As we waited for the bus home last night at 1am on Christmas morning, we got chatting to a woman from Bosnia and Herzegovina who has lived in Santiago for many years. She was pleased to hear that we really liked the city as apparently many foreign visitors find it “boring” compared to the party town of Buenos Aires. Well, maybe this just shows that we’re boring people (after all, we were catching the bus home rather than out) but Santiago definitely suits us. As Randi pointed out, it is harder to blog about a free-roaming city break compared to a series of tours with set destinations. So apologies (but not really) if this post unduly focuses on transport, but that is the first way that Santiago captured our hearts.
I knew it was a good omen when the guy sat behind us on the bus into town had the Doctor Who theme set as his ringtone.
Let’s start with the Metro! Ah, you know you’re in a proper grown-up city when there’s a real metro system. The Santiago Metro is fast and frequent, with a train arriving every few minutes, and we loved it and used it a lot to get around.
This is closely followed by Randi’s discovery that one of the major roads in the city is closed to all car traffic between 9am-2pm every Sunday for pedestrians, skaters and cyclists (#CompartamosLasVías). This is the icing on the cake for what is already a very walkable and pleasant city centre, and with the cars banished you can actually hear the sound of the River Mapocho flowing by. In the interests of balance, I should say that the River Mapocho is one of the brownest rivers I’ve ever seen. I hoped it might have been mud, but Francisco denies this.
Other than admire the transport infrastructure, on our first day we walked up the summit of San Cristóbal Hill – at which there is a statue of the Virgin Mary and great views of the city below – and then teleférico-ed down again. The next day we took another walking tour, of which one of the highlights was standing in the Plaza de Armas playing the “legal or not” guessing game for issues such as abortion and gay marriage. (Tour guides are young and liberal and they know their audience.)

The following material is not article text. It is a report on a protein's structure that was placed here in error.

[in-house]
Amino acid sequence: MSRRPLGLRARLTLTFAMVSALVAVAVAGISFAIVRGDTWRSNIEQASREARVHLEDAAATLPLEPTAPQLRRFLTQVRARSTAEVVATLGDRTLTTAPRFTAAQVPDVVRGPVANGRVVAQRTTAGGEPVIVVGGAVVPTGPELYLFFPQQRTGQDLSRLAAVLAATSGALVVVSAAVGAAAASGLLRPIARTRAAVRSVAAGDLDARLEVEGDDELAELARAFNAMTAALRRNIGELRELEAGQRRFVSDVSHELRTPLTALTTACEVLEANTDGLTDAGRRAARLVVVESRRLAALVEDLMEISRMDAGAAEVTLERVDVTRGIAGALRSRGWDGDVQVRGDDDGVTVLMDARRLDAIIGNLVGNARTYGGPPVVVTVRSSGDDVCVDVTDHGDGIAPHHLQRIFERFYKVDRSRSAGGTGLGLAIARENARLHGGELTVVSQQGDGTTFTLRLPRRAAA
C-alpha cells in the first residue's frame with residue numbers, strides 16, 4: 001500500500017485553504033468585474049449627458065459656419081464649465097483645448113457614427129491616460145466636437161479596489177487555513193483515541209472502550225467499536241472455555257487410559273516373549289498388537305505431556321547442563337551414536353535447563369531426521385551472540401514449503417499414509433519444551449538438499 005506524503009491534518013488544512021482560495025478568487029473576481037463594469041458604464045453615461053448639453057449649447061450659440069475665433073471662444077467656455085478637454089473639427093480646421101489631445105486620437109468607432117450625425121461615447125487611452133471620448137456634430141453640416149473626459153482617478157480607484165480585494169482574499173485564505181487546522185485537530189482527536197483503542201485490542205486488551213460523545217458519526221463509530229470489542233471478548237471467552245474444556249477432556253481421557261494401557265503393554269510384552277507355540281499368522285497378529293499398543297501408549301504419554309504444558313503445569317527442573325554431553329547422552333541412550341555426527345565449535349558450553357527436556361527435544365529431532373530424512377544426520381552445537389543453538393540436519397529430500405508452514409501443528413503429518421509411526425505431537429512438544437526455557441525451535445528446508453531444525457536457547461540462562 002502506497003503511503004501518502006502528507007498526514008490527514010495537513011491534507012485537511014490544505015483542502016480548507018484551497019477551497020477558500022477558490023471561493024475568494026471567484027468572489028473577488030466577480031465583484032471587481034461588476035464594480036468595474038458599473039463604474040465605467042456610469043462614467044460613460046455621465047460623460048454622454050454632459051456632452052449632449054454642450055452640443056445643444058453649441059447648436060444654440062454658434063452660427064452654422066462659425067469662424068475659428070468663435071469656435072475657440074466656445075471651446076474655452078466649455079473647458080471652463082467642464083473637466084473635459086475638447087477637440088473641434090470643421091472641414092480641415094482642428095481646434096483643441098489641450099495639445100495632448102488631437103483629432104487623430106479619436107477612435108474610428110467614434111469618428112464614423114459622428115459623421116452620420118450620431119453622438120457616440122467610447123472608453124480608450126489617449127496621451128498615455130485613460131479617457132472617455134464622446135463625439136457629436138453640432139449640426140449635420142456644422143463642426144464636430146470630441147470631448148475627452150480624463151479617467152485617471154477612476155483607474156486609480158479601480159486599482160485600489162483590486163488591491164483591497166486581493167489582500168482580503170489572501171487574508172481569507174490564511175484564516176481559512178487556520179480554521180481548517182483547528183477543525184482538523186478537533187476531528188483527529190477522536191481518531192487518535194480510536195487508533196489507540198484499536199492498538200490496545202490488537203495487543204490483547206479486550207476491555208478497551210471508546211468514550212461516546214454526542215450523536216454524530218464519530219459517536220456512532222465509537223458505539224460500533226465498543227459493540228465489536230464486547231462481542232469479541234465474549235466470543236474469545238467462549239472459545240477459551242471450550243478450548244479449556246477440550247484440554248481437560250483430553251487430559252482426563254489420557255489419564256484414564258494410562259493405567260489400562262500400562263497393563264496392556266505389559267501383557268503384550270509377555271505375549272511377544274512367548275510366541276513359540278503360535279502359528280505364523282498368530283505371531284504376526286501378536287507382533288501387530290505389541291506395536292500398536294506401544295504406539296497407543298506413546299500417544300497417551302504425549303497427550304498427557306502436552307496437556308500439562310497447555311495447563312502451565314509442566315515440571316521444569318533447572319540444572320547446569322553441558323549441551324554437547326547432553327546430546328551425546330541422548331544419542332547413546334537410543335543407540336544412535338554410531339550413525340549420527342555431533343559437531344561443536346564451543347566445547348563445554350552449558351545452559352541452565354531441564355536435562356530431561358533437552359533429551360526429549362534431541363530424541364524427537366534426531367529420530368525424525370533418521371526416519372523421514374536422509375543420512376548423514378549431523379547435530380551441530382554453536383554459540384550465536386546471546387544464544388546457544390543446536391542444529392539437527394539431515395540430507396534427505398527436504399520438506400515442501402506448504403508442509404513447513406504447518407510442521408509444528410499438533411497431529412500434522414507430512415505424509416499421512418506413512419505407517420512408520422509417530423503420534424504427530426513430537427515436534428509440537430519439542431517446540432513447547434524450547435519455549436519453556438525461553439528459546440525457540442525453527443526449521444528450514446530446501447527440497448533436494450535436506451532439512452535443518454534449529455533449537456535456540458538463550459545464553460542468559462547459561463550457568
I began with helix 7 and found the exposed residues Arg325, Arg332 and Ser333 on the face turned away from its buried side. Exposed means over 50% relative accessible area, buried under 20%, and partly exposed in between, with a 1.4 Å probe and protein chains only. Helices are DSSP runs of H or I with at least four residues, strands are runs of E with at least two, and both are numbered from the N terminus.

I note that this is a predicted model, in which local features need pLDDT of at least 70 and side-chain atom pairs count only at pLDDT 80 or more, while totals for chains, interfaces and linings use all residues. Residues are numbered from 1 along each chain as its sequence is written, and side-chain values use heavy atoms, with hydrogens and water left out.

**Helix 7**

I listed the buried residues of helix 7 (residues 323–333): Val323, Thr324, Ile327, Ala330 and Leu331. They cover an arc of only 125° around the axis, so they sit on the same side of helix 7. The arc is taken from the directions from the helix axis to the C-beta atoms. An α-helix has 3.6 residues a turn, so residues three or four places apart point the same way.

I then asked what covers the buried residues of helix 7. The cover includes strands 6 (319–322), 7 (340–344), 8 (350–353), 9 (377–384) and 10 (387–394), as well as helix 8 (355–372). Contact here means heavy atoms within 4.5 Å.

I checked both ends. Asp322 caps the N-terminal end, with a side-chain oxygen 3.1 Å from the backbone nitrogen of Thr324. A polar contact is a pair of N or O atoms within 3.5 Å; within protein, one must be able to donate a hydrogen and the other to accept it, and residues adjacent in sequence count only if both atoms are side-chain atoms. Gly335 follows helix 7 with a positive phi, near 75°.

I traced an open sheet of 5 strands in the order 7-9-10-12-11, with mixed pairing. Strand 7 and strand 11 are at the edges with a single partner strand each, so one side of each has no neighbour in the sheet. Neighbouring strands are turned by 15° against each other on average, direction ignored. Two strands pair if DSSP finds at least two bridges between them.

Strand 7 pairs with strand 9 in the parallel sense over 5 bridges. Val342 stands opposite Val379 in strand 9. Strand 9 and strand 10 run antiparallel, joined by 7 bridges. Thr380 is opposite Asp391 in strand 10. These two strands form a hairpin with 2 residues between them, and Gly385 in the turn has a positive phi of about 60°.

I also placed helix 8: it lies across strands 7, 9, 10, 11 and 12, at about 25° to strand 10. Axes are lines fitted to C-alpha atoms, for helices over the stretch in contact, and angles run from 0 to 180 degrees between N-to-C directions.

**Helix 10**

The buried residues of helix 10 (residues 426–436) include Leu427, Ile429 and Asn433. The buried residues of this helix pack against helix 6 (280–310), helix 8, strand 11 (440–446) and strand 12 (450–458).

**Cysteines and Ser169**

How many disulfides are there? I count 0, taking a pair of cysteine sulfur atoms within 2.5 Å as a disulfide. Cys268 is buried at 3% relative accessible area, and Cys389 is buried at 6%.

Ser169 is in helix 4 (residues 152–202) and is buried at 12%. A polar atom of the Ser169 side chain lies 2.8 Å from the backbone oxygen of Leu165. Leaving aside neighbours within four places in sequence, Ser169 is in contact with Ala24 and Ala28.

That night we met up with Francisco for a tour of his old local neighbourhood and favourite restaurant. What he didn’t know was that we would see him again the very next day for his surprise homecoming party in the Parque Padre Hurtado. A word about this park. It is very nice inside, but for some reason they have decided to charge an entrance fee of 500 pesos, which means that most of the entrances are locked shut and you have to walk all around the park to get in. Amusingly, it’s another 500 pesos if you want to bring your dog in with you.
On Francisco’s recommendation, we also visited the Museum of Memory and Human Rights which covers the period of dictatorship in Chile. Although it is largely about those who were tortured, killed and ‘disappeared’ during the rule of the military junta, one of the most striking exhibitions for me was about the 1988 referendum which (narrowly) ended Pinochet’s rule. It’s just so odd, because half of the exhibition looks like any normal election campaign (TV spots, badges, slogans) but alongside are the stories of the parallel vote-counting operation mounted by the opposition and the CIA reports on Pinochet’s preparations for violence if it looked like he was losing. Still, despite everything, it is incredible that the dictatorship ended and democracy was restored through this vote.
We were very honoured to be invited by Francisco and Carolina to join their family for Christmas, which in Chile (as in lots of places) really means ‘Christmas Eve’. (Yes, this means that children wake up on 24th December and have to wait all the way until midnight for Santa to bring their presents, which seems like it would require incredible patience.) At Francisco’s uncle’s house in the suburbs we took our seats in the garden and feasted on a traditional Christmas dinner of turkey, potatoes and ceviche, while asking all the questions about Chilean society which you can’t quite go into on a walking tour. For example, the rather long-winded and euphemistic English phrase “trying for a baby” is known here as being “in campaign”, which has slightly disturbingly violent connotations but I admire for being much snappier.
After dinner we gathered around the tree for Secret Santa. You think you know how Secret Santa works, right? Well, Francisco’s family have added a terrifying twist that if you can’t guess who your present came from in two guesses, your present is confiscated and held in ‘penitentiary’ until the end when you might be allowed to tango for its release. This is all accompanied by a lot of chanting in Spanish, which is all the more frightening if you don’t really understand what’s being said. Fortunately Randi and I were given strong hints about the identities of our gifters, along with incredibly generous (and useful!) travel-related gifts themselves.
It was really lovely to be allowed to gatecrash a family Christmas here, even if it winds up making Christmas Day itself feel more like Boxing Day. Tomorrow morning we leave Santiago and fly further south down this excessively long country, but we have really enjoyed our stay here, especially since we’ve had our own place for six nights with our own little balcony to sit, read, eat, drink and blog in the sun.
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Christmas in Santiago